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2Physics Quote:
"Today’s most precise time measurements are performed with optical atomic clocks, which achieve a precision of about 10-18, corresponding to 1 second uncertainty in more than 15 billion years, a time span which is longer than the age of the universe... Despite such stunning precision, these clocks could be outperformed by a different type of clock, the so called “nuclear clock”... The expected factor of improvement in precision of such a new type of clock has been estimated to be up to 100, in this way pushing the ability of time measurement to the next level."
-- Lars von der Wense, Benedict Seiferle, Mustapha Laatiaoui, Jürgen B. Neumayr, Hans-Jörg Maier, Hans-Friedrich Wirth, Christoph Mokry, Jörg Runke, Klaus Eberhardt, Christoph E. Düllmann, Norbert G. Trautmann, Peter G. Thirolf
(Read Full Article: "Direct Detection of the 229Th Nuclear Clock Transition"

Sunday, November 04, 2007

Subpicotesla Atomic Magnetometry

John Kitching [Photo courtesy: NIST, Boulder]

A team of physicists led by John Kitching of National Institute of Standards and Technology (NIST) has reported the development of a tiny sensor that can detect magnetic field changes as small as 70 femtoteslas—equivalent to the brain waves of a person daydreaming. [A femtotesla is one quadrillionth (or a millionth of a billionth) of a tesla, the unit that defines the strength of a magnetic field. For comparison, the Earth’s magnetic field is measured in microteslas, and a magnetic resonance imaging (MRI) system operates at several teslas].

This compact magnetometer is based on the so-called SERF (spin-exchange relaxation free) principle, which was used by a group at Princeton University in 2003 to enhance the sensitivity of larger, tabletop-sized magnetometers to outperform SQUIDs. The NIST group developed novel approaches and technologies to adapt the SERF concept for tiny and practical devices. The sensor could be battery-operated and could reduce the costs of non-invasive biomagnetic measurements such as fetal heart monitoring.

At zero magnetic field, the atoms’ electron “spins” (which can be roughly visualized as tiny magnetic arrows pointing through the electrons) all point in the same direction as the laser beam, and the atoms absorb virtually no light. As the magnetic field is increased, the electrons jump to higher-energy levels and their spins go out of sync, causing the atoms to absorb some of the light.

Ordinarily, the atoms would collide randomly and the electron spins would change direction in between collisions, degrading the sensor signal. The SERF approach maintains consistent spins for a relatively long time (10 milliseconds) by combining a low magnetic field with high temperatures of 150 degrees C (302 degrees F). The spins have little time to adjust in between the collisions. Like cars on a highway, the atoms behave more consistently when conditions are crowded.

Image credit and copyright: Loel Barr

In NIST’s new mini-magnetometer, light from a single low-power (milliwatt) infrared laser (small gray cylinder at left) passes through a small container (green cube; dimensions: 3 by 2 by 1 millimeters) containing about 100 billion rubidium atoms in gas form. The cell and any sample being tested are placed inside a magnetic shield (large grey cylinder). When no sample is present, as in the top image, the atoms’ “spins” (depicted inside red circle) align themselves with the laser beam, and the virtually all the light is transmitted through the cell to the detector (blue cube). In the presence of a sample emitting a magnetic field, such as a bomb or a mouse (middle and bottom images), the atoms become more disoriented as the field gets stronger, and less light arrives at the detector. A mouse heart produces a stronger signal than many explosive compounds found, for example, in bombs, if both are located the same distance from the sensor; at greater distances, the detected field is reduced. By monitoring the signal at the detector, scientists can determine the strength of the magnetic field.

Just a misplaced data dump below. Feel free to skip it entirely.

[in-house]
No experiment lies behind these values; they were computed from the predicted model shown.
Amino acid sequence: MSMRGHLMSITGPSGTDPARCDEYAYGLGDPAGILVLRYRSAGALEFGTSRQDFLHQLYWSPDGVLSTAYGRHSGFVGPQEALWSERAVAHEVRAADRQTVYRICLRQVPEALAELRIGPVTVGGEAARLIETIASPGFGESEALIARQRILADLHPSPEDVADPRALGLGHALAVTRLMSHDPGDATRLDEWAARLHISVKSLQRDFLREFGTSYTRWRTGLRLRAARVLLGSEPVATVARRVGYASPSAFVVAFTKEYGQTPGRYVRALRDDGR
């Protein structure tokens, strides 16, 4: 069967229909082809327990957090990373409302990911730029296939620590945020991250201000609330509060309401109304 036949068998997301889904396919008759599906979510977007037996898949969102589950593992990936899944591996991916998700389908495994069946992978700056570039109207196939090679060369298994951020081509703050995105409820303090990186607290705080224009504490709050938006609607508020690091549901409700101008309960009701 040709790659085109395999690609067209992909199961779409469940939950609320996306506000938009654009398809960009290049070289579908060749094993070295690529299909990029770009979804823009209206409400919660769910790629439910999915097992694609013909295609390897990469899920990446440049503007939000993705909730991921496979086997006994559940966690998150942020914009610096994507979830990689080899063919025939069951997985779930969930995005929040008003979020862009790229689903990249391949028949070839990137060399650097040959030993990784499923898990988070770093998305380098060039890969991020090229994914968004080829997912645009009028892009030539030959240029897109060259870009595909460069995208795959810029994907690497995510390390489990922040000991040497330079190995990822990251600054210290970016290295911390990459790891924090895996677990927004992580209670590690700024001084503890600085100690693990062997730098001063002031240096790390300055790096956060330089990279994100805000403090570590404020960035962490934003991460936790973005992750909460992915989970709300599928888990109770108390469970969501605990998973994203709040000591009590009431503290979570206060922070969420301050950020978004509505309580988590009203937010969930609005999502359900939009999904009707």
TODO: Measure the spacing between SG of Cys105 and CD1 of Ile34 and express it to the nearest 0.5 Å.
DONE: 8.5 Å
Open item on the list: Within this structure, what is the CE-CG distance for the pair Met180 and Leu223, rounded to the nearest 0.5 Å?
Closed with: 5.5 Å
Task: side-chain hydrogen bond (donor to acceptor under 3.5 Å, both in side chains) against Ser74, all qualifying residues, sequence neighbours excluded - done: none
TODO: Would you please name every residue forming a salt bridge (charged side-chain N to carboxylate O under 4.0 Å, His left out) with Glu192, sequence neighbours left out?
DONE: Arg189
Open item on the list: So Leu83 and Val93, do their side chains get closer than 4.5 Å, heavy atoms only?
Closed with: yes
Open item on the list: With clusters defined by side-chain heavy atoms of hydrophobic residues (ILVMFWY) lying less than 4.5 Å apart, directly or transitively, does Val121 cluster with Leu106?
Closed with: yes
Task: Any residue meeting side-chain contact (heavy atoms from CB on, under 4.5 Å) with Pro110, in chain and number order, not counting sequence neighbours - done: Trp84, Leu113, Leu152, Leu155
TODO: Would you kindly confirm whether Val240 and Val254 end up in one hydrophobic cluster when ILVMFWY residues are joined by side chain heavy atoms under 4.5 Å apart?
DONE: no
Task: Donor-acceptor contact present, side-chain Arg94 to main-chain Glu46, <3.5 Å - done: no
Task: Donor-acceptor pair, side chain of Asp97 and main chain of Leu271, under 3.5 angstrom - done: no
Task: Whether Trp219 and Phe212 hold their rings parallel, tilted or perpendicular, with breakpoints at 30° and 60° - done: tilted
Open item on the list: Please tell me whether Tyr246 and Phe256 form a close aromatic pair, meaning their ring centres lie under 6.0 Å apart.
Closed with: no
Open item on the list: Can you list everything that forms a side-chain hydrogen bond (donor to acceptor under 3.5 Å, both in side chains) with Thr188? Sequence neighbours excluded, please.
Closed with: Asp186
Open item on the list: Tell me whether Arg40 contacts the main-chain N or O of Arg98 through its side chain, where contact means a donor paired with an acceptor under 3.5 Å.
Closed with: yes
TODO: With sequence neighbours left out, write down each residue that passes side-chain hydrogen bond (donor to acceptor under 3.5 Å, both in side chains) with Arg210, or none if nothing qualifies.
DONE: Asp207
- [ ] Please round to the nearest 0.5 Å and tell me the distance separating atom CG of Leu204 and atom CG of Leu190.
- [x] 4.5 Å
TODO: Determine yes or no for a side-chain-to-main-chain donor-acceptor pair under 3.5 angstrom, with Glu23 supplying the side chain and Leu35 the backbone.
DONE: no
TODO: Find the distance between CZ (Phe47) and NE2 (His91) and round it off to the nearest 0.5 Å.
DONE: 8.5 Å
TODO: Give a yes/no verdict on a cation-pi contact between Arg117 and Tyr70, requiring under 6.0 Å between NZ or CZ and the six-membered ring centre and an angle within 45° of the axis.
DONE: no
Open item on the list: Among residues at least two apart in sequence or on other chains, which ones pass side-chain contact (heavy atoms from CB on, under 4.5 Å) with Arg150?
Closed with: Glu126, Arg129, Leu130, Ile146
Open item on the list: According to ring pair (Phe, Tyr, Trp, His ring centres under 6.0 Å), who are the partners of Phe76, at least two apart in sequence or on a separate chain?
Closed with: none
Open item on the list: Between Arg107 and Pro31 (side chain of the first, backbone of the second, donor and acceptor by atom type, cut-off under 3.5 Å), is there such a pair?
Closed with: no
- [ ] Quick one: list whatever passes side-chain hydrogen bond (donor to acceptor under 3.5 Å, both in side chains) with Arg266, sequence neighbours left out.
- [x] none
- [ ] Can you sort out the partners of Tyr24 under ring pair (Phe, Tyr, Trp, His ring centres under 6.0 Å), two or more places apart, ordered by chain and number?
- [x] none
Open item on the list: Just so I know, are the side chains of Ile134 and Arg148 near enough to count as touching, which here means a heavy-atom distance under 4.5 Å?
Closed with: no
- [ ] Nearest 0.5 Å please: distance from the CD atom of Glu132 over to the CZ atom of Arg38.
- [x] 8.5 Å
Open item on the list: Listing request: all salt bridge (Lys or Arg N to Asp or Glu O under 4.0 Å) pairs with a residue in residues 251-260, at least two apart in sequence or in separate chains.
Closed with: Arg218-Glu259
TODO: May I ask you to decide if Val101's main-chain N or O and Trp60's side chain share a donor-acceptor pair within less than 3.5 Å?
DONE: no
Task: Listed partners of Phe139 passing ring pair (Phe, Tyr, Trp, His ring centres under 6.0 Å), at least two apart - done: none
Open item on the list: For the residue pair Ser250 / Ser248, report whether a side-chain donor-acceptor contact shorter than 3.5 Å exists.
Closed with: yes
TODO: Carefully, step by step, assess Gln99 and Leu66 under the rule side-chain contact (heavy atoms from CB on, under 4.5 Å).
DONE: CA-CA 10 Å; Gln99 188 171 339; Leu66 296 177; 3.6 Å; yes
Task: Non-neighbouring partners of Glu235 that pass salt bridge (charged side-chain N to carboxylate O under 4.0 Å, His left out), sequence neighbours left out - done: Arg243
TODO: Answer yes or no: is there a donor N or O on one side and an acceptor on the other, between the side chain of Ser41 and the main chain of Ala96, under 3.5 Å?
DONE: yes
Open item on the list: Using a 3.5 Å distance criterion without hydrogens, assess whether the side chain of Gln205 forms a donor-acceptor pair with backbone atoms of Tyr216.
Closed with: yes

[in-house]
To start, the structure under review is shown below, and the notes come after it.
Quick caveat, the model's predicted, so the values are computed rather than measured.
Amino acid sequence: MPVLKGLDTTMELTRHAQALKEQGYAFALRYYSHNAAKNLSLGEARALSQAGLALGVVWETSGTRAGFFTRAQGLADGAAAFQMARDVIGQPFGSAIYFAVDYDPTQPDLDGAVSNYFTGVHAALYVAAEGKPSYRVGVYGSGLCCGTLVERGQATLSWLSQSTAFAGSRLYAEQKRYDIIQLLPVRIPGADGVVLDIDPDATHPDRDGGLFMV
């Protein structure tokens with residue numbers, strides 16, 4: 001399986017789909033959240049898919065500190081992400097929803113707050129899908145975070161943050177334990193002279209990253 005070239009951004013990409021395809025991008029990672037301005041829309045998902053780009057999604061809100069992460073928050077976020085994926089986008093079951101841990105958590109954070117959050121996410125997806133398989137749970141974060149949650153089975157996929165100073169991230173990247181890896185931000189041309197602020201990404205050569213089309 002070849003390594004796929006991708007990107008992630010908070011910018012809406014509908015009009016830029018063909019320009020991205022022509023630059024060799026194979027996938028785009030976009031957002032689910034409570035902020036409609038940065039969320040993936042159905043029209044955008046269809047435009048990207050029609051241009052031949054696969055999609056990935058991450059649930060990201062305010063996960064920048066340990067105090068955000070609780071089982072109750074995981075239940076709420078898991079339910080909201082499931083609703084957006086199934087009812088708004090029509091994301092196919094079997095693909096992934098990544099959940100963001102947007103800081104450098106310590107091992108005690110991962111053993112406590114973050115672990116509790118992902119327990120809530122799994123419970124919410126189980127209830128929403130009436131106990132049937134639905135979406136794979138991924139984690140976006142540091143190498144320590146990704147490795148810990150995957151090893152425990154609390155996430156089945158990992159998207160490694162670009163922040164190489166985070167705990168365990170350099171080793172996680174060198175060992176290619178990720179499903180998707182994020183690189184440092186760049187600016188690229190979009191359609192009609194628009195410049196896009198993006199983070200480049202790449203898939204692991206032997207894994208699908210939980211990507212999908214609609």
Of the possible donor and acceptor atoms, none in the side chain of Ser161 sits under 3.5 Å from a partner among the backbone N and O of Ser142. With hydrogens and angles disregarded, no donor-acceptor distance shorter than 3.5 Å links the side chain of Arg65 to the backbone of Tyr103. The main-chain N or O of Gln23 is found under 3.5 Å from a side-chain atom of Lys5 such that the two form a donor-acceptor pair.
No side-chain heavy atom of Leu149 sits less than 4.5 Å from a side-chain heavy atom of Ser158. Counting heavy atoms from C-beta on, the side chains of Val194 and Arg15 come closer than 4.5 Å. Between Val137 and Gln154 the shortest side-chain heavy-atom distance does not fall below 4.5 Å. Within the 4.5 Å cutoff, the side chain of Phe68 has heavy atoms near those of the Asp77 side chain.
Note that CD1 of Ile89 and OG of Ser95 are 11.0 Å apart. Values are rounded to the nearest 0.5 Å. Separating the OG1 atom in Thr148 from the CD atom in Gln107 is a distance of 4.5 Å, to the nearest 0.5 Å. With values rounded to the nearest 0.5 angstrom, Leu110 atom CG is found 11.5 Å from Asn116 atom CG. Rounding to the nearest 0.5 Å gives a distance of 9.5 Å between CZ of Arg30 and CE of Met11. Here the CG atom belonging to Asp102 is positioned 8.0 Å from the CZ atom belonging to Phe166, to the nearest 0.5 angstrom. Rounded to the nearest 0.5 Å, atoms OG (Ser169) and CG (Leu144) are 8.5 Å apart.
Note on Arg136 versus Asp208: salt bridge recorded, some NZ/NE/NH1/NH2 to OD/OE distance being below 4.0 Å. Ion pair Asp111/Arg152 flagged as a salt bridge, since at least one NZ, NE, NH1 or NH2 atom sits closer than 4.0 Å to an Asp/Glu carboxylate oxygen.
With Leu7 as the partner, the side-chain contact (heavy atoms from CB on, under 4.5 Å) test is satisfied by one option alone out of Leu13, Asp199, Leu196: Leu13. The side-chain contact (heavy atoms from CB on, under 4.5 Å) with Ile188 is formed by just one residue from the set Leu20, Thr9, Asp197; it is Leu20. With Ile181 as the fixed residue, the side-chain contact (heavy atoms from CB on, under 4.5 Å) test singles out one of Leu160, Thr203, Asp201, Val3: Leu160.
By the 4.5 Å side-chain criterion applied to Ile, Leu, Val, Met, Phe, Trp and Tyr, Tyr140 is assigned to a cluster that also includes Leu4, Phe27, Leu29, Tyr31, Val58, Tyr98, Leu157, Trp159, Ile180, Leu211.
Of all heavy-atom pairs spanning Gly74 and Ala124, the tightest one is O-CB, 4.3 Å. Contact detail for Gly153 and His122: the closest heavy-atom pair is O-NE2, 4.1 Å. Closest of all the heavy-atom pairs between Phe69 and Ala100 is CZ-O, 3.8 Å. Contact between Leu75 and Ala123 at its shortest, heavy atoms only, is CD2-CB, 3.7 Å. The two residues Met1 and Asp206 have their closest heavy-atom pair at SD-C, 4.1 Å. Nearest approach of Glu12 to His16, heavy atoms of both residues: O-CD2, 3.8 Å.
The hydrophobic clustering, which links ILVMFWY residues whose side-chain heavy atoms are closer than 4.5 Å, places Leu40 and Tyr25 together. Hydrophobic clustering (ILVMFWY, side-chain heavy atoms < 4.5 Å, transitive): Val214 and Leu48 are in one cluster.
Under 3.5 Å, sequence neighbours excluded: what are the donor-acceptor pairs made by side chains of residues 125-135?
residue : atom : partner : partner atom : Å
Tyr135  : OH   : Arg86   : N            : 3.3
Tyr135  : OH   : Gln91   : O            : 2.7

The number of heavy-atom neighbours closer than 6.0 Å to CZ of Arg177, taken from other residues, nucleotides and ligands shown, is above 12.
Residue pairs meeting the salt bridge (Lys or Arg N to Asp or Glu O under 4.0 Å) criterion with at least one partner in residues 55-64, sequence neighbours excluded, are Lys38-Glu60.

“This result suggests that millimeter-scale, low-power, inexpensive, femtotesla magnetometers are feasible … Such an instrument would greatly expand the range of applications in which atomic magnetometers could be used,” the paper states. The new NIST mini-sensor could reduce the equipment size and costs associated with some non-invasive biomedical tests. The device also may have applications such as homeland security screening for explosives.

The device could be used in a heart monitoring technique known as magnetocardiography (MCG), which is sensitive enough to measure fields of few picoteslas emitted by the fetal heart from small currents in heart muscle cells, providing complementary and perhaps better information than an electrocardiogram. With further improvements, the NIST sensor also might be used in magnetoencephalography (MEG), which measures the magnetic fields produced by electrical activity in the brain, helping to pinpoint tumors or determine function of various parts of the brain.

"Femtotesla Atomic Magnetometry with a Microfabricated Vapor Cell"
Vishal Shah, Svenja Knappe, Peter D.D. Schwindt, and John Kitching,
Nature Photonics, v1, p649 - 652 (1 November 2007) Abstract

[We thank Media Relations, NIST for materials used in this posting]

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